The first question that came before the cabinet after the re-election, rendered more decided the differences which already existed. The European parties, of which the court of England and the French republic were the representatives, were eager to draw the United States into the vortex of their struggle. The president and his cabinet were unanimous in their determination to preserve neutrality, but the aristocratic and democratic sections of the cabinet could not refrain from displaying their respective biases and their jealousy of each other. Foreign affairs were mingled with domestic politics, and the Democratic and Federalist parties became avowedly organized. Washington was for a time allowed to keep aloof from the contest—not for a long time. A circumstance insignificant in itself increased the bitterness of the contest out of doors. Democratic societies had been formed on the model of the Jacobin clubs of France. Washington regarded them with alarm, and the unmeasured expression of his sentiments on this head subjected him to a share in the attacks made upon the party accused of undue fondness for England and English institutions.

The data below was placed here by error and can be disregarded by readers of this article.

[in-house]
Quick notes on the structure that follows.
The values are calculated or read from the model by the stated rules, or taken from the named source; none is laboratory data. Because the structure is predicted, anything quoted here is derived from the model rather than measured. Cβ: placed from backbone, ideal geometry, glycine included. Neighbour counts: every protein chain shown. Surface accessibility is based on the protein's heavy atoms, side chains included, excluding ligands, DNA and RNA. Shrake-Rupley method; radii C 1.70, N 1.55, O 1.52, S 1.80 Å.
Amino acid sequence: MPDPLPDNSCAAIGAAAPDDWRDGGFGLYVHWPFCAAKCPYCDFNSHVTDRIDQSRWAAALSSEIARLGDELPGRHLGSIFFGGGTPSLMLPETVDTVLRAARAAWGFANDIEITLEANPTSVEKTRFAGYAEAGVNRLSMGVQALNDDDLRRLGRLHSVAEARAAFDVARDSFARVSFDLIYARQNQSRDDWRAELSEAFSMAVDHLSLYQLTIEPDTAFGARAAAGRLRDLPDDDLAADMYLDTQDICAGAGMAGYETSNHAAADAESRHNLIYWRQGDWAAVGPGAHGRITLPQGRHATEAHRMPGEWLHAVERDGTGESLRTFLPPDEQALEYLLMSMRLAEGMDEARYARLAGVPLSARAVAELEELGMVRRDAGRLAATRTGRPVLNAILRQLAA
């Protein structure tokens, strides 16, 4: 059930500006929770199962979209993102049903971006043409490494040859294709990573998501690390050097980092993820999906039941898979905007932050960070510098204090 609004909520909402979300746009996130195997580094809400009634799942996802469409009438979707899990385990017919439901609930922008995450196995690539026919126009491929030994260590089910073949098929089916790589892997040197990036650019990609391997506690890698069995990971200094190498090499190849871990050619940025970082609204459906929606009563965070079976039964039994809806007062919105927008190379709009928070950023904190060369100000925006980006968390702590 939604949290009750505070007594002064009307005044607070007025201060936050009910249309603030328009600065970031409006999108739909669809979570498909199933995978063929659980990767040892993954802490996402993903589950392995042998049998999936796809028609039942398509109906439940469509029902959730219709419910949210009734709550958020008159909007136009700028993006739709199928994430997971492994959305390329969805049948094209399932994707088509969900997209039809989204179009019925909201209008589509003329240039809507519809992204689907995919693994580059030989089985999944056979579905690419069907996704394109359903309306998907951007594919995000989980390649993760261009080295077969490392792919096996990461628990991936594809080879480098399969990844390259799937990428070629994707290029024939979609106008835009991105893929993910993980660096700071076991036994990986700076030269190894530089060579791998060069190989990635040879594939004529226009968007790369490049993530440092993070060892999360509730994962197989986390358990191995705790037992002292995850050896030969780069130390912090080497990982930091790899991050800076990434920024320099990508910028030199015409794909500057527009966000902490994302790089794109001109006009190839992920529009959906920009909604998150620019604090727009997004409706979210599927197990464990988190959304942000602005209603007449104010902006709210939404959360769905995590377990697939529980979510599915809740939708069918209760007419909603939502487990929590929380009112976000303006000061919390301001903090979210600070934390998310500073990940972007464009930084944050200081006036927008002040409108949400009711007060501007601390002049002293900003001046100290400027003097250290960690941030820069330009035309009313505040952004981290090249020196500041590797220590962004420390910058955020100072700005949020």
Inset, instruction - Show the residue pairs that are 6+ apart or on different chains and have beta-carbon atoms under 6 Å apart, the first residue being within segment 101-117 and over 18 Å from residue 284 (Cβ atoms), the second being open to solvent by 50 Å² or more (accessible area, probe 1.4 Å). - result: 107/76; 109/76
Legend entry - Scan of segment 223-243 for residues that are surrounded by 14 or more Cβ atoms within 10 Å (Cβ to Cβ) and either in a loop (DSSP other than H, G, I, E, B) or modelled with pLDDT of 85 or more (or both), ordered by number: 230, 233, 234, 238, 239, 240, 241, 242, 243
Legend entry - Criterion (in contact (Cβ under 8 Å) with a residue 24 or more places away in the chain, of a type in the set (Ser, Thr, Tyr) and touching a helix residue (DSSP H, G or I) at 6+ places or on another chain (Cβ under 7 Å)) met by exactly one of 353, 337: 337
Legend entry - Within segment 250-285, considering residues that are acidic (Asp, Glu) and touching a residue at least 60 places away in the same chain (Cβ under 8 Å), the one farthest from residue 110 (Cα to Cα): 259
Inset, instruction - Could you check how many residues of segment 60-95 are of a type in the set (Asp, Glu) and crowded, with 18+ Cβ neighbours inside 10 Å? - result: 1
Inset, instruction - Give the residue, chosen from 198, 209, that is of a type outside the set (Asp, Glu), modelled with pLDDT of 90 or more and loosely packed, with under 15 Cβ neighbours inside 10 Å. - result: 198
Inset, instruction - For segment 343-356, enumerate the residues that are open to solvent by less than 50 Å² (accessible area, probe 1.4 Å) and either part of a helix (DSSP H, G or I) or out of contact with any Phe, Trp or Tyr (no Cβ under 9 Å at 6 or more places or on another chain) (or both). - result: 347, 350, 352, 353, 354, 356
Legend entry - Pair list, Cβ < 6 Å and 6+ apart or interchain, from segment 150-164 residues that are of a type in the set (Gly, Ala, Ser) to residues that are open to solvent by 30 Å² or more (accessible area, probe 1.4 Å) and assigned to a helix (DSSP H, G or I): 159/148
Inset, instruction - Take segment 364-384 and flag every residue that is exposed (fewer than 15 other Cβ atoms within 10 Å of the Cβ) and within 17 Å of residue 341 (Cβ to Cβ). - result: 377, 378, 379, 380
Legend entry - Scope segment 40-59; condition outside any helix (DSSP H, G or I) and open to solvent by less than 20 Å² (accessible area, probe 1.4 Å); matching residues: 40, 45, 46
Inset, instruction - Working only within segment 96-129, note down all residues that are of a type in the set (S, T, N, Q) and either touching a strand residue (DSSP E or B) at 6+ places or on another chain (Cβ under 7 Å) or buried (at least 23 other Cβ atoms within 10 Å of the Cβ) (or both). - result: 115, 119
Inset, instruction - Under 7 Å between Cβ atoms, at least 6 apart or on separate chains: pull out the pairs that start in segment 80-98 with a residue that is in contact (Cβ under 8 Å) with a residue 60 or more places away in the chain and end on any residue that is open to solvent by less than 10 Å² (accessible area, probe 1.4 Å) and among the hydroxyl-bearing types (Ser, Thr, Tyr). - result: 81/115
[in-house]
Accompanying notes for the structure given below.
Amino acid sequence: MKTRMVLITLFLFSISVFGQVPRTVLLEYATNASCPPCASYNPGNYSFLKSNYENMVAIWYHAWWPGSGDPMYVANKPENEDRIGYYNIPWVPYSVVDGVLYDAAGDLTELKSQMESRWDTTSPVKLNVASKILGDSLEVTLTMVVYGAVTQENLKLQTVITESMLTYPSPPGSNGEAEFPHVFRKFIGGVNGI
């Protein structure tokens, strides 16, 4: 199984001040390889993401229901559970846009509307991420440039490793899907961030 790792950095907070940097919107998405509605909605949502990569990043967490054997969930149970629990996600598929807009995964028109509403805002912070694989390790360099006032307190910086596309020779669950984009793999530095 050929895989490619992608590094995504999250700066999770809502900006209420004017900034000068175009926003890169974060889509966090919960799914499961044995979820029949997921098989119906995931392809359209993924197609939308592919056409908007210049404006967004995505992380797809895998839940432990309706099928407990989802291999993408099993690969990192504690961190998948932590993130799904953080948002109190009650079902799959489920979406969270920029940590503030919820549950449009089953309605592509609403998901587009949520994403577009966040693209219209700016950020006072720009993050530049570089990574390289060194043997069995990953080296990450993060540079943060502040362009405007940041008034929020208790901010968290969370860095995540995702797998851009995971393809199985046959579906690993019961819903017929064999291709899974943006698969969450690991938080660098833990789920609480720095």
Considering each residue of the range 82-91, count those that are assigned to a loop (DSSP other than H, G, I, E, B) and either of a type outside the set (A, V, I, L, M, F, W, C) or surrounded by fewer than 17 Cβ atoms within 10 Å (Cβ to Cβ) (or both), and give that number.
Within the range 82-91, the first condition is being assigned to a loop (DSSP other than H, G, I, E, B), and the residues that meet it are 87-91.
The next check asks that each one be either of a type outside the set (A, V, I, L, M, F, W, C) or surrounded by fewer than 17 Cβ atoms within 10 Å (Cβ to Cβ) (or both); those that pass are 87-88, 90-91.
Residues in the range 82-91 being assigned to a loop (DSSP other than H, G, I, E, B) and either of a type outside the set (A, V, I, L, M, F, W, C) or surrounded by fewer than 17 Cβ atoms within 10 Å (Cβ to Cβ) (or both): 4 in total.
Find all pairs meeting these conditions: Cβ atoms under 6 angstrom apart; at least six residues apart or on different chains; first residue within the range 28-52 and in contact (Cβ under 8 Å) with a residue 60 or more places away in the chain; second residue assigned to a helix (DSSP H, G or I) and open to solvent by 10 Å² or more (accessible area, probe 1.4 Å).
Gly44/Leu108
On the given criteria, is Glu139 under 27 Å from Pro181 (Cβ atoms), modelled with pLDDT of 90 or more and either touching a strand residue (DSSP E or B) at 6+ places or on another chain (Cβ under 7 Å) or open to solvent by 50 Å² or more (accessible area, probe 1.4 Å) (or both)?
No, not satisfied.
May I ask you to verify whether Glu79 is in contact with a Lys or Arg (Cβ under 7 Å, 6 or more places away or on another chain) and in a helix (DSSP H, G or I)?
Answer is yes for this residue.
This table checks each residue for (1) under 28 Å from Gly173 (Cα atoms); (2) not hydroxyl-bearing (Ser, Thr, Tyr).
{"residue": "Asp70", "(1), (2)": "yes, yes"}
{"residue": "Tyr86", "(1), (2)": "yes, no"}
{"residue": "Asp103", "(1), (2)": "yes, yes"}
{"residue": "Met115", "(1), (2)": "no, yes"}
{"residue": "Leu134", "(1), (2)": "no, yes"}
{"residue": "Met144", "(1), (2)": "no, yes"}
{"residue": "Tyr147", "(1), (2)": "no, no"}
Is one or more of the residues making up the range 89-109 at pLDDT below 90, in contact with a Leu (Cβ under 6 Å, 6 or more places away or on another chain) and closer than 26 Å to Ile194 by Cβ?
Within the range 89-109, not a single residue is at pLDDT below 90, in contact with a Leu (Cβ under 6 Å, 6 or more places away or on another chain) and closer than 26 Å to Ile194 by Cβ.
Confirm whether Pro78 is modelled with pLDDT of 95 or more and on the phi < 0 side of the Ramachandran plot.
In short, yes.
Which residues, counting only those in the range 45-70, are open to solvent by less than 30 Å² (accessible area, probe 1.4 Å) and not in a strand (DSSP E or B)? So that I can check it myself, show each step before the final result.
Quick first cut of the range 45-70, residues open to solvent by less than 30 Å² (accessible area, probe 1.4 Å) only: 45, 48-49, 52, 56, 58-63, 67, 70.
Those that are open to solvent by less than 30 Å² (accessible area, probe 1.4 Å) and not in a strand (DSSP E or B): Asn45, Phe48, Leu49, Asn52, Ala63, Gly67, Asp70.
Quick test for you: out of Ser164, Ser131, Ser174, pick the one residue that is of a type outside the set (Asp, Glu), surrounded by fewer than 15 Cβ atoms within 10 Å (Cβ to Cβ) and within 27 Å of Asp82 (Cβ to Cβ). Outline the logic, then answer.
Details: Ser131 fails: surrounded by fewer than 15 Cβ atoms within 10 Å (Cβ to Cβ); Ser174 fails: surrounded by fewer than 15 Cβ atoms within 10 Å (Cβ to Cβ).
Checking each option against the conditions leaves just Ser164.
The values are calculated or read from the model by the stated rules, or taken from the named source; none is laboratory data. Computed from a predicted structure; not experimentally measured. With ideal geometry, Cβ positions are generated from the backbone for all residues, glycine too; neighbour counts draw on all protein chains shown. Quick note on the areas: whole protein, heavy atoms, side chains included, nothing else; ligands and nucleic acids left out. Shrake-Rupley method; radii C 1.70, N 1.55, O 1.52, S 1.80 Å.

Advices from the American minister in London representing that the British cabinet was disposed to settle the differences between the two countries amicably, Washington nominated Mr. Jay to the Senate as Envoy-extraordinary to the court of Great Britain. The nomination, though strenuously opposed by the Democratic party, was confirmed in the Senate by a majority of two to one. The treaty negotiated by Jay was received at the seat of government in March, 1795, soon after the session of Congress closed. The president summoned the Senate to meet in June to ratify it. The treaty was ratified. Before the treaty was signed by the president it was surreptitiously published. It was vehemently condemned, and public meetings against it were held to intimidate the executive. The president, nevertheless, signed the treaty on August 18th. When Congress met in March, 1796, a resolution was carried by a large majority in the House of Representatives, requesting the president to lay before the house the instructions to Mr. Jay, the correspondence, and other documents relating to the negotiations. Washington declined to furnish the papers; a vehement debate ensued, but in the end the hostile majority yielded to the exigency of the case and united in passing laws for the fulfilment of the treaty.